Hong Kong Protesters Clash With Police as China Plans Political InterventionPosted: November 6, 2016
Officers use pepper spray on protesters angry that Beijing will issue an interpretation of the semiautonomous city’s Basic Law.
Police used pepper spray on protesters in Hong Kong on Sunday evening as thousands rallied against Beijing’s plans to intervene in a political standoff over two local lawmakers who insulted China in the city’s legislature.
“The police was using very brutal violence to depress us. We were very angry because we think that for such an important issue, we at least have our right to protest.”
On Sunday, thousands marched in central Hong Kong to protest against China’s looming intervention. In scenes reminiscent of the city’s mass pro-democracy protests of 2014, video taken by local press showed police spraying the crowd and protesters protecting themselves with umbrellas.
“We were trying to occupy Connaught Road…but there were too many police and there were some conflicts between us. They used pepper spray. We tried to step back and fight again, but they kept on spraying.”
— Hayley Lee, 27, an airline cabin-crew member
Hong Kong Police Force senior superintendent Lewis Tse confirmed officers used pepper spray during a “chaotic” confrontation with some protesters late Sunday. He said two men—aged 39 years and 57 years—had been arrested.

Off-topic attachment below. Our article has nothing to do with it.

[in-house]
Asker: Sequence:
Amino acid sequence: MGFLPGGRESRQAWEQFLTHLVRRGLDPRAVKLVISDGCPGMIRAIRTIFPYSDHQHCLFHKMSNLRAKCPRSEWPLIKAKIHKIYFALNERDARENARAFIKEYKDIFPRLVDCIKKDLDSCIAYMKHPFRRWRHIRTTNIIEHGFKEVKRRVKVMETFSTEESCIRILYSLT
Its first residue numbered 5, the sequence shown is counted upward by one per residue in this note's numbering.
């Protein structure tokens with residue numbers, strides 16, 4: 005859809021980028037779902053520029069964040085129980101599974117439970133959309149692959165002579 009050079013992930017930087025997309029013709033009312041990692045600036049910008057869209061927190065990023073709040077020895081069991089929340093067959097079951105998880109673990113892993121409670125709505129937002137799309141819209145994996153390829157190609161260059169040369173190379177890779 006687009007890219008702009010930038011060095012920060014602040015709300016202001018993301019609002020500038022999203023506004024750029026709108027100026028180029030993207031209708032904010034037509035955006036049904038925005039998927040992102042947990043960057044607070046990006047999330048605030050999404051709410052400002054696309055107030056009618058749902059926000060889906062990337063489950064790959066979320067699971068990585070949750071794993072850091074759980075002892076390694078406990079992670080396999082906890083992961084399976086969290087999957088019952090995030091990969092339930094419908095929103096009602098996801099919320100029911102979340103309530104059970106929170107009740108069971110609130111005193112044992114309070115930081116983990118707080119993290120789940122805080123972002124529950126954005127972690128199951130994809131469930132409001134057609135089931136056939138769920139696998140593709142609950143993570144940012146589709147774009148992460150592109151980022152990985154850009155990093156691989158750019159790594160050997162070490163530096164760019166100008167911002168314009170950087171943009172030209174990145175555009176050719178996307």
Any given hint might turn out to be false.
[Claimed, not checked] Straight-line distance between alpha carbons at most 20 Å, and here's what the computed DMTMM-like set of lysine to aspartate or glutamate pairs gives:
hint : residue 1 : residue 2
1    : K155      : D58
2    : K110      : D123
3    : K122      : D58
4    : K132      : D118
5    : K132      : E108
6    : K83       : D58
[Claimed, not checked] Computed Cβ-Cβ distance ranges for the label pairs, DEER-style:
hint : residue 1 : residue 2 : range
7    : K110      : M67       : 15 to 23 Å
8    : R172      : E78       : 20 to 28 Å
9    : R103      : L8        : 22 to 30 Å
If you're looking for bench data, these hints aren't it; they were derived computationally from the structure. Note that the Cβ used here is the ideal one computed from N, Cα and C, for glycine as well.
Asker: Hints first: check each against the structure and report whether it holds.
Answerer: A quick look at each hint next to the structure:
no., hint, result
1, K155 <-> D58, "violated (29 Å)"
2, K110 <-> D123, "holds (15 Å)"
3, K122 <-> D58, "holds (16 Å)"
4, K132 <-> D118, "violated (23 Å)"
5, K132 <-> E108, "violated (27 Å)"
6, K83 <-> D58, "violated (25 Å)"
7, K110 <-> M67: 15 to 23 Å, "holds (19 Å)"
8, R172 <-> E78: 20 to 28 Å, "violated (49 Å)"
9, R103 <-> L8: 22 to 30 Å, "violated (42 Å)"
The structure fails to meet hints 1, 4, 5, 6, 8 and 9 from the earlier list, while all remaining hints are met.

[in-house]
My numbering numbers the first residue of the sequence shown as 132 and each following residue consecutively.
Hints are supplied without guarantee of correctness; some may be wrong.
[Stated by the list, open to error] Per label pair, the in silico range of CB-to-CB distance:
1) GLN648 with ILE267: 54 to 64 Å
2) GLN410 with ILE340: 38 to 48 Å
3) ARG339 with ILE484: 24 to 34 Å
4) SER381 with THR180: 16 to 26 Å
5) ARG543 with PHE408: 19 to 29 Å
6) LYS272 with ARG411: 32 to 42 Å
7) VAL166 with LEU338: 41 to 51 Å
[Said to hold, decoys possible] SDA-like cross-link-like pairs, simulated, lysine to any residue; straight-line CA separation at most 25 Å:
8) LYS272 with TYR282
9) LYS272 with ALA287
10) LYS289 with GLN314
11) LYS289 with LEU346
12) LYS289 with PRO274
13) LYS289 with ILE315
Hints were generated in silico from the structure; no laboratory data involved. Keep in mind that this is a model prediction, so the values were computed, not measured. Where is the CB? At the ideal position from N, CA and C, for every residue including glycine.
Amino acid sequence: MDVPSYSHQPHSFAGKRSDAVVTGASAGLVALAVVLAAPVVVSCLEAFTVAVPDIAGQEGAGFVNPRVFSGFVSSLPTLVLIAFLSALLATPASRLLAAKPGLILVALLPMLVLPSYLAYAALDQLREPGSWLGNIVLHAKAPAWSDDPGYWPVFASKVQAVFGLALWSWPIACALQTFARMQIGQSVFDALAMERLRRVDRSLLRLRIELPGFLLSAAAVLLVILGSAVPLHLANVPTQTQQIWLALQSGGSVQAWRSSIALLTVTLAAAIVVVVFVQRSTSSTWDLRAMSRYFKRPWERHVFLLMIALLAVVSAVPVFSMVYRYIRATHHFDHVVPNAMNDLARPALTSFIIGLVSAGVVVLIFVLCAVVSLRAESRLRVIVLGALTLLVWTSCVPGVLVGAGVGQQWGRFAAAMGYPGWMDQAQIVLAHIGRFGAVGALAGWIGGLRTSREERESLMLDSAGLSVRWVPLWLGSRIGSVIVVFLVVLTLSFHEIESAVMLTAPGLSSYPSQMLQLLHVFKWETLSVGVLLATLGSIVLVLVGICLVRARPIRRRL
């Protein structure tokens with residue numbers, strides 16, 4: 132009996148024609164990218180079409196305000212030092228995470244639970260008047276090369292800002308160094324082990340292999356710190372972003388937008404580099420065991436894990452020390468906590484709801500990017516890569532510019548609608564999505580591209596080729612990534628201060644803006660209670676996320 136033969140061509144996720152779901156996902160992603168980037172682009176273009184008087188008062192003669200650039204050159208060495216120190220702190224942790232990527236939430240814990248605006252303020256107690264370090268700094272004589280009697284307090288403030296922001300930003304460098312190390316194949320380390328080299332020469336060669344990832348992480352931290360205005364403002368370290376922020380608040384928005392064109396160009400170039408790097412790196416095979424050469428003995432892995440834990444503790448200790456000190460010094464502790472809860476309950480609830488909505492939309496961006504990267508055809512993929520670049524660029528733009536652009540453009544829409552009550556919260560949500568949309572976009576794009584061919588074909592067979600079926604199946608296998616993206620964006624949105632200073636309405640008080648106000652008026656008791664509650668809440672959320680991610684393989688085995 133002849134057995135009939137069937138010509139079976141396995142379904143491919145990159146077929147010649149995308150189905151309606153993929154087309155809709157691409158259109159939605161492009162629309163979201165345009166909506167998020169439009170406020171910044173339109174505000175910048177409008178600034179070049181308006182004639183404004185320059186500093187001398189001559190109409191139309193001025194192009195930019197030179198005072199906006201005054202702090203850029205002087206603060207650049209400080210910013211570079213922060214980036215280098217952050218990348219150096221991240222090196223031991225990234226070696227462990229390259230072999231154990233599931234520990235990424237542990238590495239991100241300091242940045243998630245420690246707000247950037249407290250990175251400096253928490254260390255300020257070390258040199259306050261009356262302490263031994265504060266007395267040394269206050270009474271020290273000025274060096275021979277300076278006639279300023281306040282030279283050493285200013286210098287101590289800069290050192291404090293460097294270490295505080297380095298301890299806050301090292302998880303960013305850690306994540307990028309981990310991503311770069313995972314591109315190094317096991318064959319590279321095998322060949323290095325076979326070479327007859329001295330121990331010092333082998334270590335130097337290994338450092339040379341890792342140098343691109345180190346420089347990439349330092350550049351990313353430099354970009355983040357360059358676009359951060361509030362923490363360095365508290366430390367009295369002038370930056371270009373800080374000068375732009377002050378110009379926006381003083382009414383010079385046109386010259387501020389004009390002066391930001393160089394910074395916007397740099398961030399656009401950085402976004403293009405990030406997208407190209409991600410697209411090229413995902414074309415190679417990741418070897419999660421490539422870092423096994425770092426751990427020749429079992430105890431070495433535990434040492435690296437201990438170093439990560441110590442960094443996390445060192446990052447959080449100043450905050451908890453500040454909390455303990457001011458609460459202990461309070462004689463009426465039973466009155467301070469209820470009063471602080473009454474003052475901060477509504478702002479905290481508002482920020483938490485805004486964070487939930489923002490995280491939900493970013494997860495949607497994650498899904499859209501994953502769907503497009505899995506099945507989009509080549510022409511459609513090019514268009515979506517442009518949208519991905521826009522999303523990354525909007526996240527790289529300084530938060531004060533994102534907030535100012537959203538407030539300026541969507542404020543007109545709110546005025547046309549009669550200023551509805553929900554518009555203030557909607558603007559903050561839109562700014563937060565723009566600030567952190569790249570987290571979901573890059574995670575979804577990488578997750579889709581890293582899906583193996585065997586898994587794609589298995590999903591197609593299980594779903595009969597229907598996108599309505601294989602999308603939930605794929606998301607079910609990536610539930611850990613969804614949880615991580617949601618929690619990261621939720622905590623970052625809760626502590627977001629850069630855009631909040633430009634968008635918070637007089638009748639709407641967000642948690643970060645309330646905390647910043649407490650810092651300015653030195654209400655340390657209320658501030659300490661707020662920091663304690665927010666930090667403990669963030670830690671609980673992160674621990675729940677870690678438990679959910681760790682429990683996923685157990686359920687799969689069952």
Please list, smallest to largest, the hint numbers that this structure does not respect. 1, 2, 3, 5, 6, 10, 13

Hundreds of protesters gathered near Western Street, in the city’s Sai Ying Pun district, as the march against China’s reinterpretation of the Basic Law turned into a standoff with the police. People held umbrellas aloft and wore face masks to protect themselves from the pepper spray.
“We were trying to occupy Connaught Road…but there were too many police and there were some conflicts between us,” said Hayley Lee, 27, an airline cabin-crew member. “They used pepper spray. We tried to step back and fight again, but they kept on spraying.”
In the crowd, familiar faces from the so-called Umbrella movement two years ago were present.
“The police was using very brutal violence to depress us,” said Nathan Law Kwun-chung, the 23-year-old newly elected “localist” who has advocated for greater autonomy from China. “We were very angry because we think that for such an important issue, we at least have our right to protest,” he said of police attempts to move the crowd near China’s official Liaison Office on Connaught Road.
As the night wore on, rows of police held their lines, while others looked on from the steps of the Western Police Station. Officers stood with shields, warning protesters to keep maintain control and stay calm.
Protesters continued to mill around, disorganized, and many were unsure about whether they would stay out for whole night. Still, they agreed they wanted to take a stand with Beijing’s decision expected to be made Monday.
“We don’t know what’s the next move,” said Hang Tsoi, 25, who is also a cabin-crew member. “We are just trying to occupy.”
Hong Kong started legal proceedings Thursday over whether its legislature should allow two politicians who advocate for greater Hong Kong autonomy to take office, after the pair staged an anti-China protest at their swearing-in ceremony last month.
Beijing’s interpretation of the relevant provision in Hong Kong’s Basic Law would supersede any local court ruling and Hong Kong lawyers have expressed concern that such an intervention would undermine the city’s semiautonomous status…(read more)
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